Symphony: Mathis der Maler
Symphony: Mathis der Maler (Matthias the Painter) is among the most famous orchestral works of German composer Paul Hindemith. The symphony is based on themes from Hindemith's opera Mathis der Maler, which concerns the painter (in German, "Maler") Matthias Grünewald (or Neithardt).
Hindemith composed the symphony in 1934, before he had completed work on the opera. The conductor Wilhelm Furtwängler asked him at that time for a new work to perform on an upcoming Berlin Philharmonic Orchestra concert tour, and Hindemith decided to use themes from the opera in a symphony as a 'trial run' for the music. Furtwängler and the Berlin Philharmonic gave the first performance on March 12, 1934. The first performance outside Germany was given by the New York Philharmonic-Symphony Orchestra in October 1934, conducted by Otto Klemperer. Other performances include the Leningrad Philharmonic Orchestra in 1936, conducted by Daniel Sternberg.
The symphony was well received at its first performances, but Furtwängler faced severe criticism from the Nazi government for performing music that seemed to oppose party ideology. Hindemith completed the full opera by 1935 but, because of the political climate, its premiere was delayed until 1938 in Zürich, Switzerland.
The symphony has three movements:
- Engelkonzert (Angelic Concert)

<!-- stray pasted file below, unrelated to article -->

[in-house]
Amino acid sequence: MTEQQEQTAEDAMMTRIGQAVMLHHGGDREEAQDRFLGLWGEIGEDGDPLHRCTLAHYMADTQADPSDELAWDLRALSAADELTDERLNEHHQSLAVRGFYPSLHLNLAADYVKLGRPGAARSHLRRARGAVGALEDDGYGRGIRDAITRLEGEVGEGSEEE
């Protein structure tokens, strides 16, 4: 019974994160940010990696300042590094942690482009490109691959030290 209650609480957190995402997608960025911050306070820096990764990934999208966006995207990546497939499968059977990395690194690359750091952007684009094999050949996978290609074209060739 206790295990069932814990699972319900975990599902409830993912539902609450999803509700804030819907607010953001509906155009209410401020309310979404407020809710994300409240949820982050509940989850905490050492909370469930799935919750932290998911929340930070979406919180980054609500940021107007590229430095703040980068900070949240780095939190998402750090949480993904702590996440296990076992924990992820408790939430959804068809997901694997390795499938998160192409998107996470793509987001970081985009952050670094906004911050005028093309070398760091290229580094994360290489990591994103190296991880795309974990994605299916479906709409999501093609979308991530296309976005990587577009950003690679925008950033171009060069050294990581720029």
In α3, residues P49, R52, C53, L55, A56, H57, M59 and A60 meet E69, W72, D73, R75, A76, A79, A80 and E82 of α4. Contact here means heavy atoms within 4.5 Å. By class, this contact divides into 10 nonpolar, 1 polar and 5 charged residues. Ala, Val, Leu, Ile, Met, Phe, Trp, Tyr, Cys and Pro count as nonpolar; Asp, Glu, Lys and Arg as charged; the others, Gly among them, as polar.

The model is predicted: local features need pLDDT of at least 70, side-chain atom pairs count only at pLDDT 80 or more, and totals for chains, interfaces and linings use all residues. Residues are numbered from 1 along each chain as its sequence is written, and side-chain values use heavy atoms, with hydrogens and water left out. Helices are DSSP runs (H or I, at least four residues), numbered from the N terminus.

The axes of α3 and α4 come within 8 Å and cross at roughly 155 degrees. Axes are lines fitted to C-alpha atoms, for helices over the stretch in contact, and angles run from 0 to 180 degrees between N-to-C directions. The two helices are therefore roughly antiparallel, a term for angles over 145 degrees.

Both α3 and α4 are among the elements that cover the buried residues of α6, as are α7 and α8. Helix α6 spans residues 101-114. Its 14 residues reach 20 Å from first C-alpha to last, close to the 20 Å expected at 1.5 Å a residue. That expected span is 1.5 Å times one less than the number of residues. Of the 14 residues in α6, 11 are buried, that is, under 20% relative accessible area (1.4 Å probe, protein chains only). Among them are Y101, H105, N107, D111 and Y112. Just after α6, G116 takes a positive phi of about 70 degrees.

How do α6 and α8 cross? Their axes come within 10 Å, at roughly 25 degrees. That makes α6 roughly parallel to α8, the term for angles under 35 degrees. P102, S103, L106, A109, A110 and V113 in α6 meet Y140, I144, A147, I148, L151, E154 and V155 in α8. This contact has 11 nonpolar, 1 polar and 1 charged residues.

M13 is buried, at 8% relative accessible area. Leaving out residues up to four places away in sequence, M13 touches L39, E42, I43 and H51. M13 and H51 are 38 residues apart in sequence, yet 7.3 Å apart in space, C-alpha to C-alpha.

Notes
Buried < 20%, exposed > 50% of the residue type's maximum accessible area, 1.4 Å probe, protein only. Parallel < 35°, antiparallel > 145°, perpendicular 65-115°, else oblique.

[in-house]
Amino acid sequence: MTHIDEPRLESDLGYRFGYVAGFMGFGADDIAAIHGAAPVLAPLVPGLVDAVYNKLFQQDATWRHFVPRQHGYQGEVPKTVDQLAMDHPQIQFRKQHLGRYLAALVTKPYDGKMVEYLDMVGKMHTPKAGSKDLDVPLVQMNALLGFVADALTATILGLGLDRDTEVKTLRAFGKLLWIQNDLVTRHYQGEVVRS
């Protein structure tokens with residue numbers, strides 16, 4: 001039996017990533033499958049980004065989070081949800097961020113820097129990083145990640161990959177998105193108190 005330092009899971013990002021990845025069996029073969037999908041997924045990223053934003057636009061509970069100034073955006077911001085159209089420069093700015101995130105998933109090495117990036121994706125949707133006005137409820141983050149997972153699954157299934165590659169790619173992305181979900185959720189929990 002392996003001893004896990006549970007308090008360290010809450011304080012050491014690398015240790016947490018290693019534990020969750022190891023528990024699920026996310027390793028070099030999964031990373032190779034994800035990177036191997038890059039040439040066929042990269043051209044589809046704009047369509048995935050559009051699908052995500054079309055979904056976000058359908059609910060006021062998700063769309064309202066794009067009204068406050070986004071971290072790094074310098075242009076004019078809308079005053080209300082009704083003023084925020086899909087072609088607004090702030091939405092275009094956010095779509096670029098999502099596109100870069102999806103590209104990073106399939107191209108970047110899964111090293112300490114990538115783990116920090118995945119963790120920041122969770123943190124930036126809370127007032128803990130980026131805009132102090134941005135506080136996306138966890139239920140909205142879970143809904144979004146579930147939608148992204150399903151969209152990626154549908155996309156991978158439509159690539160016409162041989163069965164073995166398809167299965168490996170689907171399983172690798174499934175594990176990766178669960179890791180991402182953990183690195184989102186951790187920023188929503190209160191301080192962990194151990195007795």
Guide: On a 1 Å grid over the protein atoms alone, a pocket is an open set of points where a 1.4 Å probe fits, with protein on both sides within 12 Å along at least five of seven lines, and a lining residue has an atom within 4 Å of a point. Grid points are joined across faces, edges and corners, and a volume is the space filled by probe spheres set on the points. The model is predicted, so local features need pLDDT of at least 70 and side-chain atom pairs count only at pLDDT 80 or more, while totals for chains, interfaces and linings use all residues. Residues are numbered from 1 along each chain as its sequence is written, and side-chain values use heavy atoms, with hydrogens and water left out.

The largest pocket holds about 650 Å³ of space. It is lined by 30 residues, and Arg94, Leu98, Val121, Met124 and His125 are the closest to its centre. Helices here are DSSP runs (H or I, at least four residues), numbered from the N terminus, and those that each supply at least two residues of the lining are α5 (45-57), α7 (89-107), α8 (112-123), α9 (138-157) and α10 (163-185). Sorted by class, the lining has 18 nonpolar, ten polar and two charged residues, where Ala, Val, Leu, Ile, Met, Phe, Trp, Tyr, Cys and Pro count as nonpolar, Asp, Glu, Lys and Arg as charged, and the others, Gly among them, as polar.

- Grablegung (Entombment)
- Versuchung des heiligen Antonius (The Temptation of Saint Anthony)
which correspond to the opera as follows:
- Orchestral interlude from the last act
- Orchestral reworking of a visionary scene in the opera
Each movement relates to Grünewald's paintings that comprise the Isenheim Altarpiece, which were influenced by the feelings of German peasants toward their oppressive overlords in the 16th century. Hindemith's music draws sharp parallels between the Protestant Reformation and the political strife of his own times.
Hindemith's principle of harmonic fluctuation is readily apparent in this work. For example, the second movement opens on a perfect fifth sonority and gradually introduces more dissonant pitches. The result is an implied tonal center, although his music is rarely triadic. This technique was meant to make his music more accessible, a concept generally known as Gebrauchsmusik (in German, "music for use").
- Burke, Kenneth (1934). "Hindemith Does His Part". The Nation 139: 487–8.